Jessica Cejnar Andrews / Tuesday, March 1 @ 12:30 p.m. / Environment, Tribal Affairs

Federal Environmental Impact Statement Recommends Klamath Dam Removal to Proceed


The J.C. Boyle Dam is one of four on the Klamath River slated for removal. Photo Bobjgalindo via Wikimedia Commons. Public Domain

Previously:

Federal Regulators Approve Klamath Hydroelectric Project License Transfer to KRRC, Recognizes Nonprofit's Ability to 'Undertake Dam Removal
'A New Era For California Tribes'; Agreement Breathes New Life Into Klamath River Dam Removal

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Federal regulators have released a draft environmental impact statement on dam removal on the Klamath River, paving the way for early preparations and “some dam removal activities” in 2023 if they hold to their schedule.

If the Federal Energy Regulatory Commission sticks to its schedule, which includes releasing a final environmental impact statement in September and then issuing the license surrender order, the Klamath River Renewal Corporation can prepare for the “big reservoir drawdown” for January 2024, KRRC CEO Mark Bransom told the Wild Rivers Outpost.

“In the weeks or months following the final EIS we will be prepared to undertake necessary preliminary construction work,” he said. “At that point, we will be into 2023 and we can get underway with the early preparations and some dam removal activities. We’re very sensitive to schedule and we want to be prepared to get going at the earliest possible time.”

In its draft EIS, FERC staff recommend approval for the KRRC’s application to surrender the license to operate the four PacifiCorp dams and its plan to decommission them, according to a news release from the nonprofit Friday.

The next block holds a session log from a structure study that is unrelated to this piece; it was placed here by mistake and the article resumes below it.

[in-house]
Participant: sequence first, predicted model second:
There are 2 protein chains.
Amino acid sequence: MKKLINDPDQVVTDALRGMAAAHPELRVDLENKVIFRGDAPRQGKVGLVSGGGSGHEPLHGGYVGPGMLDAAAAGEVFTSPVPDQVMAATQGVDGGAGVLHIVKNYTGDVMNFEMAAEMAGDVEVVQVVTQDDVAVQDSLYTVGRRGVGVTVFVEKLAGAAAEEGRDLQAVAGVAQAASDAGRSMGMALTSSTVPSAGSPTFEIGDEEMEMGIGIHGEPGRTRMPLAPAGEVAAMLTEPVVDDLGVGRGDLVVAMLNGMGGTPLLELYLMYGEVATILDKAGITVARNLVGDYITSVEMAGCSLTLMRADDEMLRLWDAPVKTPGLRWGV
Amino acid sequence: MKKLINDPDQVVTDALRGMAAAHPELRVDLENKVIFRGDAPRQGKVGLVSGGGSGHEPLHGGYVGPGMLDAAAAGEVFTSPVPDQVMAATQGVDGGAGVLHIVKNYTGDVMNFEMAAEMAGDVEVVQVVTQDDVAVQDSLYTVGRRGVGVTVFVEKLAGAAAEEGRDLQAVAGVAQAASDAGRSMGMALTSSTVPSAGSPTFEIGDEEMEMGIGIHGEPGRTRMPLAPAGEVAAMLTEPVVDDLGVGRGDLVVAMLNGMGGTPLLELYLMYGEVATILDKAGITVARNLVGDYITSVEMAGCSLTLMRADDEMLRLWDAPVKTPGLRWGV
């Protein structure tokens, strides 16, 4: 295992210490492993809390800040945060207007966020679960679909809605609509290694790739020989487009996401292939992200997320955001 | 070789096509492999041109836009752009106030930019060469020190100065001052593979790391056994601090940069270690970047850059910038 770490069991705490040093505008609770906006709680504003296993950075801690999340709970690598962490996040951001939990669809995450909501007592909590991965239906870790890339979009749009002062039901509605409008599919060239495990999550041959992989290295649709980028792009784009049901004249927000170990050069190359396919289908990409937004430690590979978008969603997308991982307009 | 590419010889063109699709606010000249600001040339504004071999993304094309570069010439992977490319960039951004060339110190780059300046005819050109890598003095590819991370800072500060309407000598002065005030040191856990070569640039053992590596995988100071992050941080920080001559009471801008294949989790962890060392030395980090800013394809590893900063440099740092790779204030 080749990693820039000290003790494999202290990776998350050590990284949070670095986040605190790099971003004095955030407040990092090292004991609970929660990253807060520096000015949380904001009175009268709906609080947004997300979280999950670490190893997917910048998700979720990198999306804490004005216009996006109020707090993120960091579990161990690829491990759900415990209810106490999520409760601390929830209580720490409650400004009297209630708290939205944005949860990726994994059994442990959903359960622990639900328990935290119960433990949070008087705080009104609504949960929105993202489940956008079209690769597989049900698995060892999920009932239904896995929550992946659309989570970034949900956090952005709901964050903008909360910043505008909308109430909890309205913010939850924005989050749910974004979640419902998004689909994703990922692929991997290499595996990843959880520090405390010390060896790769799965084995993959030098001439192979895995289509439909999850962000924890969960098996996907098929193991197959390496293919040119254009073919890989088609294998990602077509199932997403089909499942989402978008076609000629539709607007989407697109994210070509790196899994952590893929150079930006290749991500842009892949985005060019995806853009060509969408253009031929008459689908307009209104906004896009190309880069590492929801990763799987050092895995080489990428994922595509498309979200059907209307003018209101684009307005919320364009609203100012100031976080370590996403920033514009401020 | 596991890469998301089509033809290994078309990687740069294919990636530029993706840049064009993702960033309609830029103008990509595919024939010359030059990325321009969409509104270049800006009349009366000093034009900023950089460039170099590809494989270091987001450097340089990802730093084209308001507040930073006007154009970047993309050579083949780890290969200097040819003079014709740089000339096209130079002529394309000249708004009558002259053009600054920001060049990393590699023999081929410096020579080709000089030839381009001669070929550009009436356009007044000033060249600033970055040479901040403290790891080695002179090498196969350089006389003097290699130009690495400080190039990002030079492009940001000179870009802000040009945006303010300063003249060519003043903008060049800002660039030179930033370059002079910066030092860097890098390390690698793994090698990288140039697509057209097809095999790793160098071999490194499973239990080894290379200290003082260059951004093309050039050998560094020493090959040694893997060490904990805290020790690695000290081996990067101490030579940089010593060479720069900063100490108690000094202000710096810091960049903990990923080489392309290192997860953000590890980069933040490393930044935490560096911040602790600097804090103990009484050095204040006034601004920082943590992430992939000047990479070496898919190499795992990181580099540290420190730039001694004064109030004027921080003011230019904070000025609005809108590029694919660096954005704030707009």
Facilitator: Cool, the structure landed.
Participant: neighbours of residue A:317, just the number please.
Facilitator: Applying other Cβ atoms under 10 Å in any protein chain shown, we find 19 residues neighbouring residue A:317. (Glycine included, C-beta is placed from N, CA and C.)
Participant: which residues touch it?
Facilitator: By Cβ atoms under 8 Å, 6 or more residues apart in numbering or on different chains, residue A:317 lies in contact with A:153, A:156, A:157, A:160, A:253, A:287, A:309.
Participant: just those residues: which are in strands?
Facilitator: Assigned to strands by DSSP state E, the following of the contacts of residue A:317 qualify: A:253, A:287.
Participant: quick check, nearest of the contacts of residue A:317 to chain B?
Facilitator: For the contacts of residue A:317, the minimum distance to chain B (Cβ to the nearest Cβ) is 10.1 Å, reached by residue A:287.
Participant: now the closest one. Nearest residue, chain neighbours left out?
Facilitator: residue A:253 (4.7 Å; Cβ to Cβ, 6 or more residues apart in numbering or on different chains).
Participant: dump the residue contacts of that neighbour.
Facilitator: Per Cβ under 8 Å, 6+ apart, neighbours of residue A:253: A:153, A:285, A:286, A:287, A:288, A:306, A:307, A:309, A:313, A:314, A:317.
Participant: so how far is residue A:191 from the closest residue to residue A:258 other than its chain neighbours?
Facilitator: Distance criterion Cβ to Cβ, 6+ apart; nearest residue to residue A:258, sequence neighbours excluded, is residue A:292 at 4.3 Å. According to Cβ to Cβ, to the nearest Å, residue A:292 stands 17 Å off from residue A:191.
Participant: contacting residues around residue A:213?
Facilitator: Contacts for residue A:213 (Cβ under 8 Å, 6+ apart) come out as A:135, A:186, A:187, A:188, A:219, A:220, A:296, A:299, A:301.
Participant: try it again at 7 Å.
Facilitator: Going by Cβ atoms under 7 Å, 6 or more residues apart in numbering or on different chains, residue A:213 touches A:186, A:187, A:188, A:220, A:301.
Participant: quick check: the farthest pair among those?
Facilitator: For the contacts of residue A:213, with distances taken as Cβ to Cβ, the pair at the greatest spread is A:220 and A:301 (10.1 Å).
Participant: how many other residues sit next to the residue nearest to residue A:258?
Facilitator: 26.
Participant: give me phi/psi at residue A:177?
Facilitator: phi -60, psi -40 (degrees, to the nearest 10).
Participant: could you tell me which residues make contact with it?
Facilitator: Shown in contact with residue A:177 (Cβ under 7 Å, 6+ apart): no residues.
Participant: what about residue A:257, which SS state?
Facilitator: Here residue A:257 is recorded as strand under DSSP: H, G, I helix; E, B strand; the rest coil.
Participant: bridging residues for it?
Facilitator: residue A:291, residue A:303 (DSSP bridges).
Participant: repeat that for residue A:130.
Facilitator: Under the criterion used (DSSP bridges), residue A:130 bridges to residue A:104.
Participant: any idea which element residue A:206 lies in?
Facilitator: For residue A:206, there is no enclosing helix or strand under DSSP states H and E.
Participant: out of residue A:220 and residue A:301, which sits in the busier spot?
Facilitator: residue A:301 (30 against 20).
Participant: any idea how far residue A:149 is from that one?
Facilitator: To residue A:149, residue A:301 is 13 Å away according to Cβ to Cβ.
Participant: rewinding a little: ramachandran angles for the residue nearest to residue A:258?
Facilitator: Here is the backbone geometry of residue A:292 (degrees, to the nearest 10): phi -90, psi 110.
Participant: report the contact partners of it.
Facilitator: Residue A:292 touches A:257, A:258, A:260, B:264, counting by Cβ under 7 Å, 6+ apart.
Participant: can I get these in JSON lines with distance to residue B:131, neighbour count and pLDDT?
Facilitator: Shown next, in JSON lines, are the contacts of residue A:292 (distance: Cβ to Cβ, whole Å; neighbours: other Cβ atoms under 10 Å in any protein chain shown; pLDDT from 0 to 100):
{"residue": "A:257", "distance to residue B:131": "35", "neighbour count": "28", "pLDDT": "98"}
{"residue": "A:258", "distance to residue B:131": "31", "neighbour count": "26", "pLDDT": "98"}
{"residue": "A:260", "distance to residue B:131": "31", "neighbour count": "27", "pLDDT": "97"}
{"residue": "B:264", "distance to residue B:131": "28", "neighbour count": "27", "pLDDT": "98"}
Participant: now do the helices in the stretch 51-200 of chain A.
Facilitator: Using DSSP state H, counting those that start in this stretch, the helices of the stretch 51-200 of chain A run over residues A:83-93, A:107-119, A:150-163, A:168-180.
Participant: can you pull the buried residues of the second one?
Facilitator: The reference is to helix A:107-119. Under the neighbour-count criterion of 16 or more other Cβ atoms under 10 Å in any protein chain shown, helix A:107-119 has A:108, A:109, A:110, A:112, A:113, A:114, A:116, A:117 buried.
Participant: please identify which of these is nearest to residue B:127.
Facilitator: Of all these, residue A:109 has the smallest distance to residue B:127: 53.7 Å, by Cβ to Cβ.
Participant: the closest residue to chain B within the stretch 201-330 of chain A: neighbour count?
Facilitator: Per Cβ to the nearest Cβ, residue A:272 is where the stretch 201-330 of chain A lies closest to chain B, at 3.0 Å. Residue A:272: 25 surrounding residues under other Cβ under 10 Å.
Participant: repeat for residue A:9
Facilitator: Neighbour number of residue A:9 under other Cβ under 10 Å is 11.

FERC is now accepting public comment on the draft environmental impact statement through April 18, according to the news release.
Removing the J.C. Boyle, Copco No. 1, Copco No. 2 and the Iron Gate dams is expected to improve water quality and temperature conditions on the Klamath River and allow declining fish populations to recover.

FERC’s DEIS reaches that conclusion, according to a joint news release from the Yurok Tribe, the Karuk Tribe, American Rivers Trout Unlimited, Institute for Fisheries Resources and other organizations.

The release of the draft environmental impact statement follows a June 2021 FERC order to transfer ownership of the dams from PacifiCorp to KRRC, a stipulation that coincides with the 2016 Klamath Hydroelectric Settlement Agreement.

Signatories to the KHSA include PacifiCorp, California and Oregon, Native American tribes including the Yurok Tribe as well as other conservation groups and organizations.

According to Bransom, one important aspect of FERC’s draft EIS, is a statement suggesting that KRRC needs to follow through on obtaining a Clean Water Act Section 404 permit from the Army Corps of Engineers, which the organization has applied for.

There’s also a regulatory requirement under the National Historic Preservation Act Section 106, which state historic preservation offices and FERC are working on, Bransom said.

“That’s for the purposes of analyzing impacts to both historic preservation consideration as well as cultural resources,” he said. “KRRC has previously done a significant amount of work with tribal entities for purposes of developing a management plan for cultural resources.”

FERC’s release of the DEIS and staff’s recommendation for KRRC’s license surrender application was applauded by Yurok Tribal representatives.

“Once again, a thorough analysis by experts reveals dam removal as key for restoring Klamath fisheries and improving water quality,” Yurok Vice Chairman Frankie Myers said in a written statement Friday. “Our culture and our fisheries are hanging in the balance.”
Dam removal is expected to cost about $434 million. KRRC has a project budget of $450 million with $200 million coming from a PacifiCorp surcharge to its California and Oregon customers and $250 million coming from California water bond dollars.

In 2019, KRRC hired Fairfield-based Kiewit Infrastructure West to spearhead dam removal. In February 2021, the nonprofit contracted with Bellaire, Texas firm, Resource Environmental Solutions to undertake habitat restoration work following dam removal.

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